- List the types of approved devices
- Assign responsibility on data ownership in order to ensure the right people define usage directives and resolve data issues
- Determine the different levels of IT support that are granted to personal devices
- Describe how the BYOD policy integrates with the overall IT security of the company, including company-owned devices
BYOD (MDM) Software
Small businesses can use MDM or BYOD software to increase their employees’ productivity while using personal devices without compromising their security. Some popular BYOD software includes:
- Good Technology
- Open Peak
Many employees enjoy the flexibility of using their own devices either as a supplement to provided equipment or as a total substitution. They’re naturally more familiar with these devices, which leads to increased productivity and efficiency. In some cases, the flexibility of BYOD can also improve morale and workplace satisfaction.
BYOD can also have a positive impact on employers’ IT spending, as they are not paying for the device up front or maintenance and upgrade costs. The flexibility of an employee using their own device also means they can easily work from any location, thereby positioning an employer to meet rising remote workforce trends. Further, BYOD policies can alleviate the burden of providing specialized equipment a student or employee might already own.
While there are many benefits of BYOD policies, there are some notable drawbacks. First and foremost, personal devices make it difficult to streamline antivirus software, firewalls, and other types of software used to secure a network. This means data stored on those devices is often at risk of being accessed by an unauthorized user. BYOD also makes it difficult to guarantee an employee no longer has access to sensitive files and programs after they leave the company.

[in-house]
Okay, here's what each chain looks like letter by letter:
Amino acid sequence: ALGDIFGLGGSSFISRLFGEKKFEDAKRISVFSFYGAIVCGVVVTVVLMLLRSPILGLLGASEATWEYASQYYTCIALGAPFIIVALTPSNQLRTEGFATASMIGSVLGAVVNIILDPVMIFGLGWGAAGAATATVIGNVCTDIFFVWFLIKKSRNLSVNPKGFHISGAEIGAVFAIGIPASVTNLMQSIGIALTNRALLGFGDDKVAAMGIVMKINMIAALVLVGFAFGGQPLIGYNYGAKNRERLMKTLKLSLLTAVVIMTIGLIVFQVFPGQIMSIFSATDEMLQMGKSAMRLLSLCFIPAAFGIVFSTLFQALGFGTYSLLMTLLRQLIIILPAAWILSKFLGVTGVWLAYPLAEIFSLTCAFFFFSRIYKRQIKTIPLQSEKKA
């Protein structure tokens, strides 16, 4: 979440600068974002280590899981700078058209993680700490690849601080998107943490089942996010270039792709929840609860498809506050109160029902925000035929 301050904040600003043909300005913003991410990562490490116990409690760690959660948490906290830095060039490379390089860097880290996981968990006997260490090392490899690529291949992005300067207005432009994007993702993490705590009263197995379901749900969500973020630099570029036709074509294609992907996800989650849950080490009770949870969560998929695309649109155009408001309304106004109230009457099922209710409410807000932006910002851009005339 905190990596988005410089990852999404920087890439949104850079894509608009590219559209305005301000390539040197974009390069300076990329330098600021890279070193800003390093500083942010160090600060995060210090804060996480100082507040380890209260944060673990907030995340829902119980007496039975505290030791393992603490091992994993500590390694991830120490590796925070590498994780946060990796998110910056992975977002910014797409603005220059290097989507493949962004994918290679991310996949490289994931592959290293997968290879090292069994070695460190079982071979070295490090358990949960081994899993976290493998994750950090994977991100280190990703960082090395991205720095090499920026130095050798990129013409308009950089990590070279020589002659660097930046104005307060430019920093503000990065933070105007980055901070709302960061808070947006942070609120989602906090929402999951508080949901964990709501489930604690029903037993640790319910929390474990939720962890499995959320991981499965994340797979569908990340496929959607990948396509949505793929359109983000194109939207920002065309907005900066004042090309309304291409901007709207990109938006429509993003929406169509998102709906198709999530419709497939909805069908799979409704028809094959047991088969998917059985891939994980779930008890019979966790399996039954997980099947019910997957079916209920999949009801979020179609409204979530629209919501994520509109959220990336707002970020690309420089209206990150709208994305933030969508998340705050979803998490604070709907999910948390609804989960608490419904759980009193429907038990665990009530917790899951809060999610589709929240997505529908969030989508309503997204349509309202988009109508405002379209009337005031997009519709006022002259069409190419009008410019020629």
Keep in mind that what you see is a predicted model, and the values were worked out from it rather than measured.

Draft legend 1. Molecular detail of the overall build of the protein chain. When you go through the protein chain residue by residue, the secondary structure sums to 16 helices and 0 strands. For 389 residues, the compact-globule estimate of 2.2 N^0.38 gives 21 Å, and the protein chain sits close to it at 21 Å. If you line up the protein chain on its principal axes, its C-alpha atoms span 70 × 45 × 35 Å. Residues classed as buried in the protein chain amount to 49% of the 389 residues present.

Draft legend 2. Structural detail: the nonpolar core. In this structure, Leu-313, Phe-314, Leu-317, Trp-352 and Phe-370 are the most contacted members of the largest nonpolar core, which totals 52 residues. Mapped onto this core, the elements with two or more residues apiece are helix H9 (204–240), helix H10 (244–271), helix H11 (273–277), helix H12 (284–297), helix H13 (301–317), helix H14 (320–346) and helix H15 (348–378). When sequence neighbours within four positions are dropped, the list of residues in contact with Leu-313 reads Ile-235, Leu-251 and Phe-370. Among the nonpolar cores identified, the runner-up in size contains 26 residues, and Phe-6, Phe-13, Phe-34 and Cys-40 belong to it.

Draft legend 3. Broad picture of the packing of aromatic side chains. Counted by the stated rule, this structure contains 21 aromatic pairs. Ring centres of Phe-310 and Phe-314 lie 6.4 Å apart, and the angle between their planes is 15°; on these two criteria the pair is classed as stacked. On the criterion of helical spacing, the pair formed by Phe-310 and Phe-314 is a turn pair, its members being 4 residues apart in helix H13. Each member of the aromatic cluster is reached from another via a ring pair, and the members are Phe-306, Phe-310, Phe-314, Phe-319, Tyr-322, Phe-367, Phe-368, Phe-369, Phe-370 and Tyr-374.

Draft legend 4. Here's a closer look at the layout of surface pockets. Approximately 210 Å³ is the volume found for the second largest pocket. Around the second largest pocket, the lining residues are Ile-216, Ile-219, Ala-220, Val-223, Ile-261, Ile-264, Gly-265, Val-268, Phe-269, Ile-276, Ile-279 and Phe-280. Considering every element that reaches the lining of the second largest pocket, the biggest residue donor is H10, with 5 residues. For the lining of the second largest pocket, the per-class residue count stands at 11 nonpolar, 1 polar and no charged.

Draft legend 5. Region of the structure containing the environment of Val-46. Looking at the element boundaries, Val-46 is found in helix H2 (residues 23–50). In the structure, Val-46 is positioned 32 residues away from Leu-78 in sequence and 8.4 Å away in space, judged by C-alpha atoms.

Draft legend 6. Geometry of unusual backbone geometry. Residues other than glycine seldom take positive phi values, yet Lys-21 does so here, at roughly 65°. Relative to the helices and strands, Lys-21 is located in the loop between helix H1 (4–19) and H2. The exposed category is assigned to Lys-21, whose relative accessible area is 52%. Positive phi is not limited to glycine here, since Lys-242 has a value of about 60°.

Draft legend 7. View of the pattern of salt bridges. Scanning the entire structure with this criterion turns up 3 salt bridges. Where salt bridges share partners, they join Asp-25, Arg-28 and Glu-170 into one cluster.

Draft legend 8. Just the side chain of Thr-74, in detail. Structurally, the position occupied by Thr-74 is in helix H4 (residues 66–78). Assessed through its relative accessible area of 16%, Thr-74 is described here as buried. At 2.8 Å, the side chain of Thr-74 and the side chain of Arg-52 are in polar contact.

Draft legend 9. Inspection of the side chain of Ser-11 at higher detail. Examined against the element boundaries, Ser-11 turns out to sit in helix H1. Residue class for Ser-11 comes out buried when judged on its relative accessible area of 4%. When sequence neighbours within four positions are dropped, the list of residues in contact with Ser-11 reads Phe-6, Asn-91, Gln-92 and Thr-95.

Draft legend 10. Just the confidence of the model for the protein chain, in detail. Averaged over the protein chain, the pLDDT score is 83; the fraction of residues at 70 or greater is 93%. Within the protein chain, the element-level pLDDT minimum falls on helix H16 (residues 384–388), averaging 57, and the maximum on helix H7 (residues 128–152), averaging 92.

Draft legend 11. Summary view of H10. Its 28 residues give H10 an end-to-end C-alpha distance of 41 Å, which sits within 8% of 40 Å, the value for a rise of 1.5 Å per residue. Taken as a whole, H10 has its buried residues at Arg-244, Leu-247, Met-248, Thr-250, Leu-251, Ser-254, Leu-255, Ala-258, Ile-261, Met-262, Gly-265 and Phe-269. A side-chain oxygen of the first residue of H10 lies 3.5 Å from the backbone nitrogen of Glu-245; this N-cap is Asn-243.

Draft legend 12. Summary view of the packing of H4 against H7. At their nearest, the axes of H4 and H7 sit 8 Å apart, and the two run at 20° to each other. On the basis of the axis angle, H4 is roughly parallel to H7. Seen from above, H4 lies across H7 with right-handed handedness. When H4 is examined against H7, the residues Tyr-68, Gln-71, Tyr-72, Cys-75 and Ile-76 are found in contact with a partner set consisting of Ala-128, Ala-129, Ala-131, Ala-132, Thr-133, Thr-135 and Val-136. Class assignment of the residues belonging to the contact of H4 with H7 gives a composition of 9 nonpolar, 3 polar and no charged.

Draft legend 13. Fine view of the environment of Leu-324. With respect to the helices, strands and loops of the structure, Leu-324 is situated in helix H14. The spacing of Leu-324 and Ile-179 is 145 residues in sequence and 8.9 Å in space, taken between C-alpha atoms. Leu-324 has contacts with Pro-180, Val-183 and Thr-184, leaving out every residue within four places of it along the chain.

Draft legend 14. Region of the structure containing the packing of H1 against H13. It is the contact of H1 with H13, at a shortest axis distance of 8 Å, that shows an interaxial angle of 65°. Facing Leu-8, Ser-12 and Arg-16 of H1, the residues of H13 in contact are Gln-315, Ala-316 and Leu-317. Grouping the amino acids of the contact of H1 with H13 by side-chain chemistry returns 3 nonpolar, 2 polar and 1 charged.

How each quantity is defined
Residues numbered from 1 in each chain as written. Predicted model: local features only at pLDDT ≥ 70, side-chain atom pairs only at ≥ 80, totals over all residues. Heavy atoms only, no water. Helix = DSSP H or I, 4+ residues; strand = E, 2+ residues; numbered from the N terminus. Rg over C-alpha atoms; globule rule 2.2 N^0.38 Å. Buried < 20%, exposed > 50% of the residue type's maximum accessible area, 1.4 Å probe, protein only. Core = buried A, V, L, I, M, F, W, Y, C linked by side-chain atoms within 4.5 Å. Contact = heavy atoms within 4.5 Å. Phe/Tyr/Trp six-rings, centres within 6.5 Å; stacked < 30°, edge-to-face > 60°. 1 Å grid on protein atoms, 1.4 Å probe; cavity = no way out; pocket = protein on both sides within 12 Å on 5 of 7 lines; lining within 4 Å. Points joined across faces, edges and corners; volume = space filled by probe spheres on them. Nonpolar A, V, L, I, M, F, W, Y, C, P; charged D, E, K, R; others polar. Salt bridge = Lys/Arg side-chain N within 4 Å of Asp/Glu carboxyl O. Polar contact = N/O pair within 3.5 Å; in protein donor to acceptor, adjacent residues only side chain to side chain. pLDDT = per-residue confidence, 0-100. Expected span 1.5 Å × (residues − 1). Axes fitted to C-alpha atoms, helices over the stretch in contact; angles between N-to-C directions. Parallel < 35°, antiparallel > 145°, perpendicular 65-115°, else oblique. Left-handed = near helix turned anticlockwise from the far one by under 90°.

For this reason, an employer might implement detailed security requirements for each type of personal device connected to the corporate network and used for work-related tasks. For example, IT may require devices to be configured with passwords, prohibit specific types of applications from being installed on the device, or require all data on the device to be encrypted.
Other BYOD security policy initiatives may include limiting activities that employees are allowed to perform on these devices at work (e.g. email and phone calls are permitted, but social media is restricted) and periodic IT audits to ensure the device is in compliance with the company’s BYOD security policy.
Employees and students might also experience frustration when their equipment malfunctions and their organization’s IT staff aren’t able to easily troubleshoot or replace the device altogether.
The question of accessibility and personal preference can also arise with BYOD policies. Some employees or students might not be able to afford to purchase or upgrade the equipment required to do their work, or they may simply prefer to keep their personal devices separate from those used for work-related purposes.
BYOD VoIP Subscription
Another common use of BYOD is to describe a specific type of Voice over Internet Protocol (VoIP) subscription model. Subscribers who have their own SIP-capable device when signing up for a VoIP service will usually be able to take advantage of a cheaper subscription plan when they use BYOD.
However, not all VoIP service providers will offer special rate plans for subscribers with their own equipment. If a BYOD subscription is unavailable through a VoIP provider, customers must use the provider’s equipment instead of their own.
UPDATED: This article was updated February 7, 2022 by Amy Yang.